A Tale of Romance

One of my favorite pieces of software in the whole world is Sinon.JS. If you’re not familiar with this library, it’s a dead-simple testing library for Javascript applications that lets you see when functions are called without stubbing them. That is, by default it will always call through methods, but it will still record all sorts of interesting information about the calls.

I tend to prefer spying to the traditional approach of stubbing methods. One of the things that bothers me about stubs is that your implementation of your stubbed code could change, but your tests could still pass because they rely on your stub and not the actual implementation. There’s certainly a place for both, but calling through allows your code to still run, so I prefer it when given the option.

Introducing spy_rb

About a year ago I started creating a similar library for Ruby which I call spy_rb. Spy lets you do several cool things. I think it’s easiest to just give some examples.

Spying starts declaring a method you want to spy on. There are several ways to do this depending on you use case. (NOTE: In short, spy_rb works by either wrapping a method under spy or intercept it by dynamically inserting a method on an object’s singleton so it is called first in the lookup chain)

Spy.on(MyClass, :new)                 # Spy on a MyClass's singleton method :new
Spy.on(my_obj, :hello)                # Spy on my_obj's bound method :hello
Spy.on_any_instance(MyClass, :hello)  # Spy on MyClass's unbound instance method :hello

Once you have a Spy::Instance then you just simply call your code like normal and spy_rb will record things you might interested.

class MyClass
  def initialize(msg)
    @msg = msg
  end
end
spy = Spy.on(MyClass, :new)
MyClass.new('hello')
puts spy.call_count
#=> 1
puts spy.call_history.first.args
#=> ["hello"]
puts spy.call_history.first.result
#=> #<MyClass:0x007f8a8d1d57a8 @msg="hello">

When you’re finished, just call Spy.restore and your original implementations will be restored.

puts MyClass.method(:do_stuff).source_location
#=> ["/Users/Bodah/repos/test_app/models/my_class.rb", 68]
spy = Spy.on(MyClass, :do_stuff)
puts MyClass.method(:do_stuff).source_location
#=> ["/Users/Bodah/.rbenv/versions/2.1.3/lib/ruby/gems/2.1.0/gems/spy_rb-0.4.1/lib/spy/instance/api/internal.rb", 14]
Spy.restore(:all)
puts MyClass.method(:do_stuff).source_location
#=> ["/Users/Bodah/repos/test_app/models/my_class.rb", 68]

Spy::Instance provides you with callbacks and filters to do all sorts of intricate things. Check out the full list in the README.

spy = Spy.on(MyClass, :new)
spy.before { |*args| puts args.join(', ') }
MyClass.new('hello')
#=> "hello"

Spy.restore(MyClass, :new)

other_spy = Spy.on(MyClass, :new)
other_spy.when { |msg| msg != 'hello' }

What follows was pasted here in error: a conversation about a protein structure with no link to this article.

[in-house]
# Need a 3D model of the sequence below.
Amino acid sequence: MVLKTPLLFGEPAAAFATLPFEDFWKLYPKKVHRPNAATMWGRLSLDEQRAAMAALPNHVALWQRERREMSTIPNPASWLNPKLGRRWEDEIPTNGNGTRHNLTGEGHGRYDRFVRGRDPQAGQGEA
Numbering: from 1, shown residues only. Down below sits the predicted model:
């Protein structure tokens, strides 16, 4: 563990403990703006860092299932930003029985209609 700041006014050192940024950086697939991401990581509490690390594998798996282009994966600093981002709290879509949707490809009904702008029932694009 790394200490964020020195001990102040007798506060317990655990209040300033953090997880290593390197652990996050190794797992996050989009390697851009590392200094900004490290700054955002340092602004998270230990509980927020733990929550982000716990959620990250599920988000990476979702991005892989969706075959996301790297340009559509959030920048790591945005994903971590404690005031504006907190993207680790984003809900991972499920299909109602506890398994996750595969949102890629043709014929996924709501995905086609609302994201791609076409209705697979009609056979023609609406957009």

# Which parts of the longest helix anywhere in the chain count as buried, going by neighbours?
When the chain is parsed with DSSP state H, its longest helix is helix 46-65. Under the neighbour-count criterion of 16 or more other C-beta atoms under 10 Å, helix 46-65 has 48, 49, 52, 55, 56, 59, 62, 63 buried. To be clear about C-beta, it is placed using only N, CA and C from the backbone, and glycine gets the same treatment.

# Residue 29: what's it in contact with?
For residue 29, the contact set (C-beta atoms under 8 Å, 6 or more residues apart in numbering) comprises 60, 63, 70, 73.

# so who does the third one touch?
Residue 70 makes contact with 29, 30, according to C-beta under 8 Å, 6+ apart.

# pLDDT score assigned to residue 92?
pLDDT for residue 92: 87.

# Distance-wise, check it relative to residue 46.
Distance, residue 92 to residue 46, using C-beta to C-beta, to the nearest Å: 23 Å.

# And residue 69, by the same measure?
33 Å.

MyClass.new('hello')
puts other_spy.call_count
#=> 0

There are even some experimental features like replaying your call history with Spy::Instance#replay_all

spy = Spy.on(self, :puts)
puts 'hello'
#=> "hello"
puts 'goodbye'
#=> "goodbye"
spy.replay_all
#=> "hello"
#=> "goodbye"

But Wait, There’s More

While spy_rb is an excellent testing tool, its real power comes through in debugging and analysis. Below I list several instances where I’ve used spy_rb to do powerful things outside of tests.

Debugging Nefarious Method Calls

We had a record in our Rails app that was being saved automatically. When our workers ran at scale, this caused contention in the database and wound up slowing jobs to a crawl. Digging through thousands of lines of source code is not really fun. Luckily, I could simply throw a spy on my model, run the job, and inspect the backtrace.

spy = Spy.on_any_instance(MyModel, :save)
spy.before { binding.pry }
@job.perform

# in pry
pry-backtrace

Profiling and Benchmarking

I’ve used spy_rb for quick benchmarking and profiling too. Our test suite can be painfully slow at times. Some initial testing led me to believe that we were spending a lot of time with factory_girl calling FactoryGirl.create instead of the more performant ::build or ::build_stubbed. I could save the original method and wrap it, but Spy::Instance#wrap gives me a much cleaner interface for doing so. (NOTE: The example below is a little simpler than the actual implementation was as this example doesn’t handle recursion properly).

@time_spent = 0
spy = Spy.on(FactoryGirl, :create)
spy.wrap do |*args, &block|
  # Wrap the original call in a benchmark
  @time_spent += Benchmark.measure { block.call }.real
end

# run test suite

puts @time_spent

Runtime Analysis

Continuing off of the FactoryGirl example above, I found that FactoryGirl.create made up a significant portion of our test duration. But what can I do about that? A global substitution would certainly break a ton of things, but going through every example by hand sounds pretty painful too. Maybe you’re detecting a pattern here, but spy_rb provides us tools to do this in a smarter way!

Using Spy::Instance#wrap I put together a small library that would:

  1. Wrap each test run

  2. Detect how many calls are made to FactoryGirl.create

  3. For each call made:

    a. Stub the nth call to FactoryGirl.create with FactoryGirl.build or FactoryGirl.build_stubbed

    b. Rerun the test

    c. Log whether or not the test passed (e.g. we can substitute ::create for a more efficient method and the test still passes)

  4. Report all of the valid substitutions we can make

Overall this wound up giving us a 20% speed boost. The code is pretty hairy and I’m still working on some refactoring, but this is a great example of the power that spying can give you.

Conclusion

If you have never used test spies before, then I highly recommend you play with them. You can do all sorts of really cool things with them, and it shows the incredible power of working with a dynamic language. For Javascript applications I really love Sinon.JS, and now with spy_rb we now have many of those great features in Ruby.